In-Depth Storytelling in Germany

by annaheinemann

For all of you out there worrying about the future of online journalism, apparently you can stop now. One month ago the German blog, Krautreporter, went online-and if you believe the media buzz out there, it’s going to change the world as we know it. That should be reason enough for us to look into this new blog to understand what all the fuss is about. Besides, after focusing on journalism projects on Kickstarter in our latest post, it seems like a good idea to look into examples of what crowdfunded journalism can look like in detail. Which is why the launch of Krautreporter comes in handy, since it is the first crowd funded journalism project in Germany. After focusing our attention on the American media landscape it seems like a good idea to look into a European example.

The story of Krautreporter – which is a very German name – started in June 2013 when the founders launched their crowd funding campaign that earned them 1 Million Euros within a month. The campaign alone gained a lot of media attention, mostly because the founders optimistically declared that they would save online journalism.

Actually, we are doing everything differently” says Sebastian Esser, founder of Krautreporter, when discussing the characteristics of his new blog. But how does this new concept look like?

First of all, it is very community driven. Members of the blog community pay 5 Euros a month, enabling them to read the articles, comment and discuss them with the authors, and take part in the journalistic research process. Plus, the blog hosts so called “Lesertreffs”, where readers and authors of the blog can meet up and talk about the future of journalism, crowdfunding, or other topics. As Sebastian Esser puts it, the blog is not a news site but a community of people that want to enable independent journalism. Since non-members are also able to read the blog posts, just without the ability to comment on them, the paywall is based on the community factor. You pay to participate rather than remain a bystander.

Looking more closely at the blog, it is apparent that the blog creators seek to differentiate themselves. Although it is the concept of Krautreporter to focus on stories normally overlooked in our fast-paced world, the blog doesn’t offer any traditional news desks. Instead you can select articles according to the 30 authors working for the blog. This seems to be Krautreporter’s way to reward good journalism made by popular journalists or as the Zeit puts it “The author is the message”.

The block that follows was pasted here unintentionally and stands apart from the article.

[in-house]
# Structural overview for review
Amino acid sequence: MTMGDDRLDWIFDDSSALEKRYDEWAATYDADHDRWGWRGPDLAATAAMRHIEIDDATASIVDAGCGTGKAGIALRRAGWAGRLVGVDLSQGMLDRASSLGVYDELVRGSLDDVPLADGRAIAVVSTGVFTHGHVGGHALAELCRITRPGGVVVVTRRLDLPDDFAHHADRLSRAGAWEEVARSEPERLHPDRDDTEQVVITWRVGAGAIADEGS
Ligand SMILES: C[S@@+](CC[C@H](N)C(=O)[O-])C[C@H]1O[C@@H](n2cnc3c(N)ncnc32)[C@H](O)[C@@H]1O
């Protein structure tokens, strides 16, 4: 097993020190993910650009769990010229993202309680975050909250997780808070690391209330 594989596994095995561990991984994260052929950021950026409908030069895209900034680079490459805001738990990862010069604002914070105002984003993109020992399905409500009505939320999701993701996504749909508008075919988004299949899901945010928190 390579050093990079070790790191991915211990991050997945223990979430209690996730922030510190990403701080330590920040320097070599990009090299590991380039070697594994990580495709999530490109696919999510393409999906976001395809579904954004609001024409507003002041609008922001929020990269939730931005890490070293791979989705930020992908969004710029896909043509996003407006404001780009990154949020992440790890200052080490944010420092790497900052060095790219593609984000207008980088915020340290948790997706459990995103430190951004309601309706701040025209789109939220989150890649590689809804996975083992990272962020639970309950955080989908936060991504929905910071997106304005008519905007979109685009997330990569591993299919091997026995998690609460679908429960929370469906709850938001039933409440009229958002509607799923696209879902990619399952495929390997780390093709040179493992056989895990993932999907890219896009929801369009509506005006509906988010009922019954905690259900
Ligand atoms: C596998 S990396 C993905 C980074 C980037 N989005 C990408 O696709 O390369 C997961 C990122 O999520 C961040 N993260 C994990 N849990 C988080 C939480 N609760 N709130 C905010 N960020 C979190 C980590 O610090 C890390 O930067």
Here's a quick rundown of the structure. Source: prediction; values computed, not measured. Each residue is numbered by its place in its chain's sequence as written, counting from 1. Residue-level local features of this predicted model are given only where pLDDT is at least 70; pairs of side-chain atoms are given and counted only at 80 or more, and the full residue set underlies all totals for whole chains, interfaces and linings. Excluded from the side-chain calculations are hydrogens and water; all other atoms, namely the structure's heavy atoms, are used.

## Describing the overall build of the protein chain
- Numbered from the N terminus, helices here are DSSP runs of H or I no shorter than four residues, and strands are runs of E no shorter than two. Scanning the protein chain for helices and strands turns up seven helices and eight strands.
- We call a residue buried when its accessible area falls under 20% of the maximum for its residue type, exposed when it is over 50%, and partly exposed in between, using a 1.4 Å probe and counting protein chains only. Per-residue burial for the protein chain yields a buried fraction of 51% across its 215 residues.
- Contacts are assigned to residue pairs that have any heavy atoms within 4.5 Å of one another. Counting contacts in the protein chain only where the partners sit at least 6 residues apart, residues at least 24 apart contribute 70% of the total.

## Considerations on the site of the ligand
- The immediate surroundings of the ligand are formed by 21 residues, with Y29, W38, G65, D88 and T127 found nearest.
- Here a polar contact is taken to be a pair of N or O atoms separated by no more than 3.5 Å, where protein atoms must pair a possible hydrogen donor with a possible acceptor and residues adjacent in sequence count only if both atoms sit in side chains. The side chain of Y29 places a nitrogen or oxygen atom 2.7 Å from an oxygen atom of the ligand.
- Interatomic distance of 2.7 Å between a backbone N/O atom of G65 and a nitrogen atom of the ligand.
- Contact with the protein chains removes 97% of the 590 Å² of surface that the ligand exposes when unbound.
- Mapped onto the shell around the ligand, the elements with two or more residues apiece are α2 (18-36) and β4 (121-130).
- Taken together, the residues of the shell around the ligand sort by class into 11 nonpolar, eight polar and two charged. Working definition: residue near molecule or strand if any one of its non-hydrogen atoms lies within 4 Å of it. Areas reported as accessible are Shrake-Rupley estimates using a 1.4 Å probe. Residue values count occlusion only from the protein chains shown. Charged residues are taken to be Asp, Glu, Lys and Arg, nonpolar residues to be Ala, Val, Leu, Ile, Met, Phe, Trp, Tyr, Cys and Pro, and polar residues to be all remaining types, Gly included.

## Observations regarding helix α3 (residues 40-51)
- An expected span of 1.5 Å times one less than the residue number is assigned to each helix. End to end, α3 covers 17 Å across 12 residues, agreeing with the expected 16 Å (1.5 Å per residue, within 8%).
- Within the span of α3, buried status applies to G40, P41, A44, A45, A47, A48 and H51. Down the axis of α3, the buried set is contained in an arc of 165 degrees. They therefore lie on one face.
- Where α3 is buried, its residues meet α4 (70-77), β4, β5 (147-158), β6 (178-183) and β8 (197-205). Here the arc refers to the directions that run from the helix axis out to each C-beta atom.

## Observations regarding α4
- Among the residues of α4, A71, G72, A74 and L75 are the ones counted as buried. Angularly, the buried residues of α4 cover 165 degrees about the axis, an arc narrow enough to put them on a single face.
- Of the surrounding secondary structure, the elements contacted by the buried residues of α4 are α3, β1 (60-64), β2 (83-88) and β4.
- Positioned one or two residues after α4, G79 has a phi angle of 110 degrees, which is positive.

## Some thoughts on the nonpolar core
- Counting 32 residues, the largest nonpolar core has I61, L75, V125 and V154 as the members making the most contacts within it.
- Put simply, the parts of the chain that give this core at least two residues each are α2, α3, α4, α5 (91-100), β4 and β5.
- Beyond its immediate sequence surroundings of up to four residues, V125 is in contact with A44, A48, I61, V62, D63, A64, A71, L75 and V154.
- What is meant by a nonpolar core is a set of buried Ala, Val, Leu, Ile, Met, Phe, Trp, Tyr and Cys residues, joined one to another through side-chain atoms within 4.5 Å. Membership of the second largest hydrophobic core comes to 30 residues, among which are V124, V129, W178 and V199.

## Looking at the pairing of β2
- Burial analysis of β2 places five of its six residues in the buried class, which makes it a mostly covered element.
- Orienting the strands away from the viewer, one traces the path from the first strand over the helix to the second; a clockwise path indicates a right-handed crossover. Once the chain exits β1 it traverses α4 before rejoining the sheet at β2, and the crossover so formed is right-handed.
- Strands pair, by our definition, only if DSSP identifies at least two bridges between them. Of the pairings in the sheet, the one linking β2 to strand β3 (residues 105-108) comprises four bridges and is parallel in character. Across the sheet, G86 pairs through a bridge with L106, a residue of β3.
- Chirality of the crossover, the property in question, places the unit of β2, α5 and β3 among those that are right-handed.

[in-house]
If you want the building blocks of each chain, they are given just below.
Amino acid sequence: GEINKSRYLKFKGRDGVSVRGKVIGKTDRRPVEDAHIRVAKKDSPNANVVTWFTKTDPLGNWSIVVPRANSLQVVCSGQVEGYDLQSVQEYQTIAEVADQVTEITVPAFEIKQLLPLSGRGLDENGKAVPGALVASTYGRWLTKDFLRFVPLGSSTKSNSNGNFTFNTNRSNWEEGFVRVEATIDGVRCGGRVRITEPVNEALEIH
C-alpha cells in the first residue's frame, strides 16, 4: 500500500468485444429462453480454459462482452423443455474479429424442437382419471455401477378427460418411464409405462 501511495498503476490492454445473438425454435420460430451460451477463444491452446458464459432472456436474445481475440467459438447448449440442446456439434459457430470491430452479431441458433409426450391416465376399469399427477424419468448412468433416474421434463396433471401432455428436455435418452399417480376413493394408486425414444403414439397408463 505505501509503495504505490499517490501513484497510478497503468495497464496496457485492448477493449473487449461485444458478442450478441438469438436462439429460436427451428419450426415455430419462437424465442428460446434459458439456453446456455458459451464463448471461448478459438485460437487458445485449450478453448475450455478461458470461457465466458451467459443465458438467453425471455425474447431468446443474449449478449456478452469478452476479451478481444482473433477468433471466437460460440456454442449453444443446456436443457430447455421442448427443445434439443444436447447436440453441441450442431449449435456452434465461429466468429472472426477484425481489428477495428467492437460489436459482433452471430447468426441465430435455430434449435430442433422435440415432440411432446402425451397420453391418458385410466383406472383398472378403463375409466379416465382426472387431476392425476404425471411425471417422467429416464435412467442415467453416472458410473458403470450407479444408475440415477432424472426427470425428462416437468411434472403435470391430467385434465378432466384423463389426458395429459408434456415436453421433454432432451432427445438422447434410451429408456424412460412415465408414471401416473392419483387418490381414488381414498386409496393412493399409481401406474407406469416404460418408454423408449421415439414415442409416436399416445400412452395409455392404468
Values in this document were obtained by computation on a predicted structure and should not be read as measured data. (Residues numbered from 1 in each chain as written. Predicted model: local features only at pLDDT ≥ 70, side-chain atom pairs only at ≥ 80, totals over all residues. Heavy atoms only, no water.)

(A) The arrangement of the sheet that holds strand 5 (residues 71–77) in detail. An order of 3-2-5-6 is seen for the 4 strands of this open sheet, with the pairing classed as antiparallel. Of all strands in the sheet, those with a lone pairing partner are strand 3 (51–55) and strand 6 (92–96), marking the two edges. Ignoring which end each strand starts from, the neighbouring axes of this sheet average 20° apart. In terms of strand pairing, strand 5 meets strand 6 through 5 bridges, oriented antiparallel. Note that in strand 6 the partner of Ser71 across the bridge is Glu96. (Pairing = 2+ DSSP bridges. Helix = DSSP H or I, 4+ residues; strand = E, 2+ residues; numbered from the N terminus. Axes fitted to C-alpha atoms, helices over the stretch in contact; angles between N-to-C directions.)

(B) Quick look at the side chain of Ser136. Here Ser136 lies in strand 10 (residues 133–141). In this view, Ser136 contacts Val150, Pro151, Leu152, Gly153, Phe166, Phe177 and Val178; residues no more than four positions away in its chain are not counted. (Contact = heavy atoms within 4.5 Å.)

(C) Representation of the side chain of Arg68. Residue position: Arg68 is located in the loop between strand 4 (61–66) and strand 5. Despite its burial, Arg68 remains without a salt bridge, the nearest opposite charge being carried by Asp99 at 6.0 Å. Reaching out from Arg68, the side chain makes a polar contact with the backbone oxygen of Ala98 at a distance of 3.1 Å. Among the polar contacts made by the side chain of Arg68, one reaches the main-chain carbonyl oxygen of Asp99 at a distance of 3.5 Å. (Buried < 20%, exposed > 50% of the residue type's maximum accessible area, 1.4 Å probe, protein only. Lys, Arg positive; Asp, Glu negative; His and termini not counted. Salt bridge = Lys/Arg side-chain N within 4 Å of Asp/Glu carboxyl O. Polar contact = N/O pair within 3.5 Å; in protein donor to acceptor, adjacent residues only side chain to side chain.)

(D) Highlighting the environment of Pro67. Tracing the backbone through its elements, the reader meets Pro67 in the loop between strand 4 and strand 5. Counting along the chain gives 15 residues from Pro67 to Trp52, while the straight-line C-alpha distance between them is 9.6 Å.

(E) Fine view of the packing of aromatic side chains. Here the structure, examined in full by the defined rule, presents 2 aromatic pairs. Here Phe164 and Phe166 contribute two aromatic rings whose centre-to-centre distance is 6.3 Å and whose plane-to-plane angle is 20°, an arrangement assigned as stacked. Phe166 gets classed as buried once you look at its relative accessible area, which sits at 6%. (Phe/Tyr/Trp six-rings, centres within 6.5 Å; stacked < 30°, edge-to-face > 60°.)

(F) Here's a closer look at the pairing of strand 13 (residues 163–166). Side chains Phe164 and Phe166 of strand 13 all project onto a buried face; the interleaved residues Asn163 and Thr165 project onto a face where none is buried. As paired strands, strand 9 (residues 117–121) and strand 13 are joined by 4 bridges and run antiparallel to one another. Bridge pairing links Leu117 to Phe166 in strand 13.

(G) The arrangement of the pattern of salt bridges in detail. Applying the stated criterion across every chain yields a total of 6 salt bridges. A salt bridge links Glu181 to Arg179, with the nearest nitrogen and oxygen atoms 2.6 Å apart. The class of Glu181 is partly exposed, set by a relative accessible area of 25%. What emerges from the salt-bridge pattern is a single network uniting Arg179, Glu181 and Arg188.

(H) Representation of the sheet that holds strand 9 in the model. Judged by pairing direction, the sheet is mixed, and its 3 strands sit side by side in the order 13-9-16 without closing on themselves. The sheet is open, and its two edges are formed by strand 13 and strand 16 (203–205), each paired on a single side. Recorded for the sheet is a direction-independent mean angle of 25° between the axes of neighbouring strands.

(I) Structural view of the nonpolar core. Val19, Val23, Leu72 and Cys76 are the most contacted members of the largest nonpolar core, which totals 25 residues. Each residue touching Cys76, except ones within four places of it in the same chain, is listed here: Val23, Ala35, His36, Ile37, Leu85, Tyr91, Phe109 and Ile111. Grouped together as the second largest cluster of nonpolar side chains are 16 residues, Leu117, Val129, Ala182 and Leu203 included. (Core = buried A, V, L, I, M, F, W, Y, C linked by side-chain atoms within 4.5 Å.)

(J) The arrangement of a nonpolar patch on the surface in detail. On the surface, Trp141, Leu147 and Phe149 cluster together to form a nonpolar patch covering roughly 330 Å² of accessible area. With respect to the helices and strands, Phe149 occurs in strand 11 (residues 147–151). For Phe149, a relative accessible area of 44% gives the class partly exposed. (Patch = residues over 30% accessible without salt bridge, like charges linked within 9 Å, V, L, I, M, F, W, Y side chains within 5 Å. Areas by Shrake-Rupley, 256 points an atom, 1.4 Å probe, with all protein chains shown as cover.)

Independence is another important factor in Krautreporter’s campaign of distinction. With the help of the paywall and the crowdfunding, Krautreporter does not depend on advertisement; meaning it is ad-free and therefore independent of commercial influences.

Looking at the German media landscape, Krautreporter is the cool new kid at school, with previously established media outlets like Spiegel, Frankfurter Allgemeine and Süddeutsche Zeitung suspiciously eying their every move. Still, the feedback is mostly positive, with only Stefan Plöchinger, chief editor of sz.de, remarking that the idea of Krautreporter is not as new as people seem to think. Actually Plöchinger really has a point there. In Germany, the blog seems new and creative and the media attention indicates genuine excitement. But when compared to recent developments in foreign markets, it is evident how German media is struggling to develop new, exciting journalistic ideas and strategies to pay for them. While Krautreporter really does look promising, it is not that different from American competitors like The Big Roundtable, Narratively, or Epic.  But it also comes as no surprise that a country where chancellor Merkel characterizes the internet as “unknown territory” is a bit behind in developing better digital journalism.

So maybe, Krautreporter’s promise to save the journalistic landscape is a bit far fetched but nonetheless it’s a step in the right direction. The longform-articles they offer are very well written, thoroughly researched, and well received by its community members.

But besides just being a new and exciting blog, Krautreporter also sparked anew a very much needed debate about how to pay for online journalism in Germany. So far the crowdfunding and community based paywall method seems to work, but only time will tell if Krautreporter can keep its promise.

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